- Posted August 5, 2013 by
tagbilaran city, Philippines
This iReport is part of an assignment:
100 Ways to Travel Better: Your tips
To enjoy your stay, never convert.
- Jamescia, CNN iReport producer
So I make it sure I can travel locally or abroad if I have the time, health and wealth.
How I stay positive during my travel experience?
Planning. Check the website if the countries you are going to visit need visas. Do your research. Ask friends for latest news and advisories. I check CNN’s Travel and Lonely Planet for info such as costs, cultural trends and safety awareness. For airline tickets, I ask my friend, who owns a ticketing office, to monitor the ticket price. Having a friend working in a ticketing office is an advantage for affordable and low-cost airfare.
Packing. My mama always told me to make a list of things I need to pack. I travel light. I don’t bring unnecessary things. I check the airline website to know the size, number of baggage and weight requirements for check-in and handcarried baggage I can bring into the cabin free of charge. I have my own weighing scale at home to check if I don’t exceed or not. Most of the time, if the airline company allows me to carry two pieces of luggage, I bring the two pieces of luggage which the other one is almost empty. So, when I return home, the other luggage is full of chocolates and other souvenir items for my family and friends without paying the extra charge. (Remember, don’t forget to put your name, telephone number and address inside and outside each piece of luggage.)
It is also very important to print out a copy of your passport and visa and place it in your luggage and in your hand-carry. This will serve as a backup and will be useful in the event it is lost or stolen.
Pack any medicines you need in your carry-on luggage. Other countries don’t sell over the counter drugs. So, every time I travel, I have with me my paracetamol, anti-diarrhoea, anti-biotic and pain killer. Sometimes, I have with me liniment for body aches. To avoid problems when passing through customs, keep medicines in their original, labeled containers. As possible, bring copies of your prescriptions.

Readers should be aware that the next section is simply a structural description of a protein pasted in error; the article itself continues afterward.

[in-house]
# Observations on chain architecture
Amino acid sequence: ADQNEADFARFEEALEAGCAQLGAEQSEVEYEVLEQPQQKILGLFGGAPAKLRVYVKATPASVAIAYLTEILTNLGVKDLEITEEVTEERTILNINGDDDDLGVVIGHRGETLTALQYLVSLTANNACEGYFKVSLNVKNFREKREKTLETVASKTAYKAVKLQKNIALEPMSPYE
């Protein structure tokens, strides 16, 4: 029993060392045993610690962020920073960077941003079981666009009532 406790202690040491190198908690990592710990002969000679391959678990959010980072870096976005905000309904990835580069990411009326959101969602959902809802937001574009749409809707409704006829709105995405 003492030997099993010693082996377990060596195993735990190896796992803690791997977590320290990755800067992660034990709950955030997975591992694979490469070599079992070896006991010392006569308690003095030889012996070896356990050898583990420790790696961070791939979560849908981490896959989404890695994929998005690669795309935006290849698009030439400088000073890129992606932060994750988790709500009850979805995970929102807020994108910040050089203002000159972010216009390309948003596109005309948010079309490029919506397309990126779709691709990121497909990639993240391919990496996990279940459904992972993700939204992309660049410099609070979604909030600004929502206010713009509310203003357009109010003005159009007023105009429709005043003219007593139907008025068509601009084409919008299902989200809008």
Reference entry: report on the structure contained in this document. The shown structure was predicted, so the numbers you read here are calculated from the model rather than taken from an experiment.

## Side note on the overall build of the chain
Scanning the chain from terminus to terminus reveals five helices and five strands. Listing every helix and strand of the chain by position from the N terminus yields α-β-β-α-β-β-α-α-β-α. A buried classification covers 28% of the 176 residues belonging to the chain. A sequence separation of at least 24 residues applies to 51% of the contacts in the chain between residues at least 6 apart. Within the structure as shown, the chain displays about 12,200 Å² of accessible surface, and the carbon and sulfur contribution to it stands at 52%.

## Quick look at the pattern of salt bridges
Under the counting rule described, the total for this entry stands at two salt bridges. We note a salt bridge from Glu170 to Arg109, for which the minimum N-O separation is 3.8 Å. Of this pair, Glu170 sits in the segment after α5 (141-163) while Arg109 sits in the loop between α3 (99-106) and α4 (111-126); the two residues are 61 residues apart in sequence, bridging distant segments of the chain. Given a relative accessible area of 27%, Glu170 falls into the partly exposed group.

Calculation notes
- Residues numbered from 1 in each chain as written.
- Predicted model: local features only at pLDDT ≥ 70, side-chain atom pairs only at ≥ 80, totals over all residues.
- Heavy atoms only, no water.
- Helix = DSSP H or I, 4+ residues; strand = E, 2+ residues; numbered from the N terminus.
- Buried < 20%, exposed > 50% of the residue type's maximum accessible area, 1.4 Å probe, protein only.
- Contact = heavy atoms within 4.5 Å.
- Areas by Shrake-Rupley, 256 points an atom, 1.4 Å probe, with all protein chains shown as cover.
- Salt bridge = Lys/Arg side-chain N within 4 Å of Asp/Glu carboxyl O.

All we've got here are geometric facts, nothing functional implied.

Bring cash but it is hassle-free to bring debit/credit cards.
Behave. At the airport, I have encountered a problem like cancellation of flight. Talk politely. For instance, while waiting for my flight to Poland at the Frankfurt International Airport in Germany, our flight was cancelled due to storm. Many of us were waiting for the announcement of our schedule. Other people argued with the airline desks, some of them were shouting because the airline girls didn’t give them their seat numbers. On my part, I politely asked the girl (of course, with a smile) for my seat number, and to my surprise, she asked for my ticket and gave me my seat number. Remember, smiles can do wonder!
Sights and sounds. Eat where the locals eat, go where the locals go. When I travelled to LA this February 2013, my bonding moments with friends in the US revolved around anything edible-- that there are plenty to eat and thank God for-- and you can’t feel the economy is down. Like music, food does bring people together. I’d learned from my past travels that to enjoy my stay, never convert! I stopped whining about how I have to shell out $2 for a bottle of cranberry juice or Hershey’s chocolate when I can get it here for a reasonable price in my country. Another thing, make sure to check your cash and your credit limit.
Ask and be grateful. In a place where people don’t speak English, you don’t have to assume you understand their language. I ask. But I make it sure I ask the right person like a police officer. For instance, I didn’t know how to ride a bus going to a place in Seoul, South Korea, so I ask a traffic enforcer for help and direction.
Safety first. If your guide will say it’s not safe to travel to a particular area, don’t go. Be wise about food allergies when visiting a foreign country in order to avoid dangerous liaisons. I have allergy on some seafoods, so every time I travel, I always ask the waiter of their menu. Better safe than sorry. Ask your guide or friend about safety on street and on road and transportation. Sometimes, It pays not to speak to strangers. When I was at Cathedral of Our Lady of the Angels in Los Angeles, USA, a man approached me. He said, “I’m not from here. I need money to go back.” I politely said, “I’m not from here also. I can accompany you to your Embassy to ask for help.” Then he left.
|This iReport is part of an assignment that we created with Travel + Leisure: 100 Ways to Travel Better: Your tips|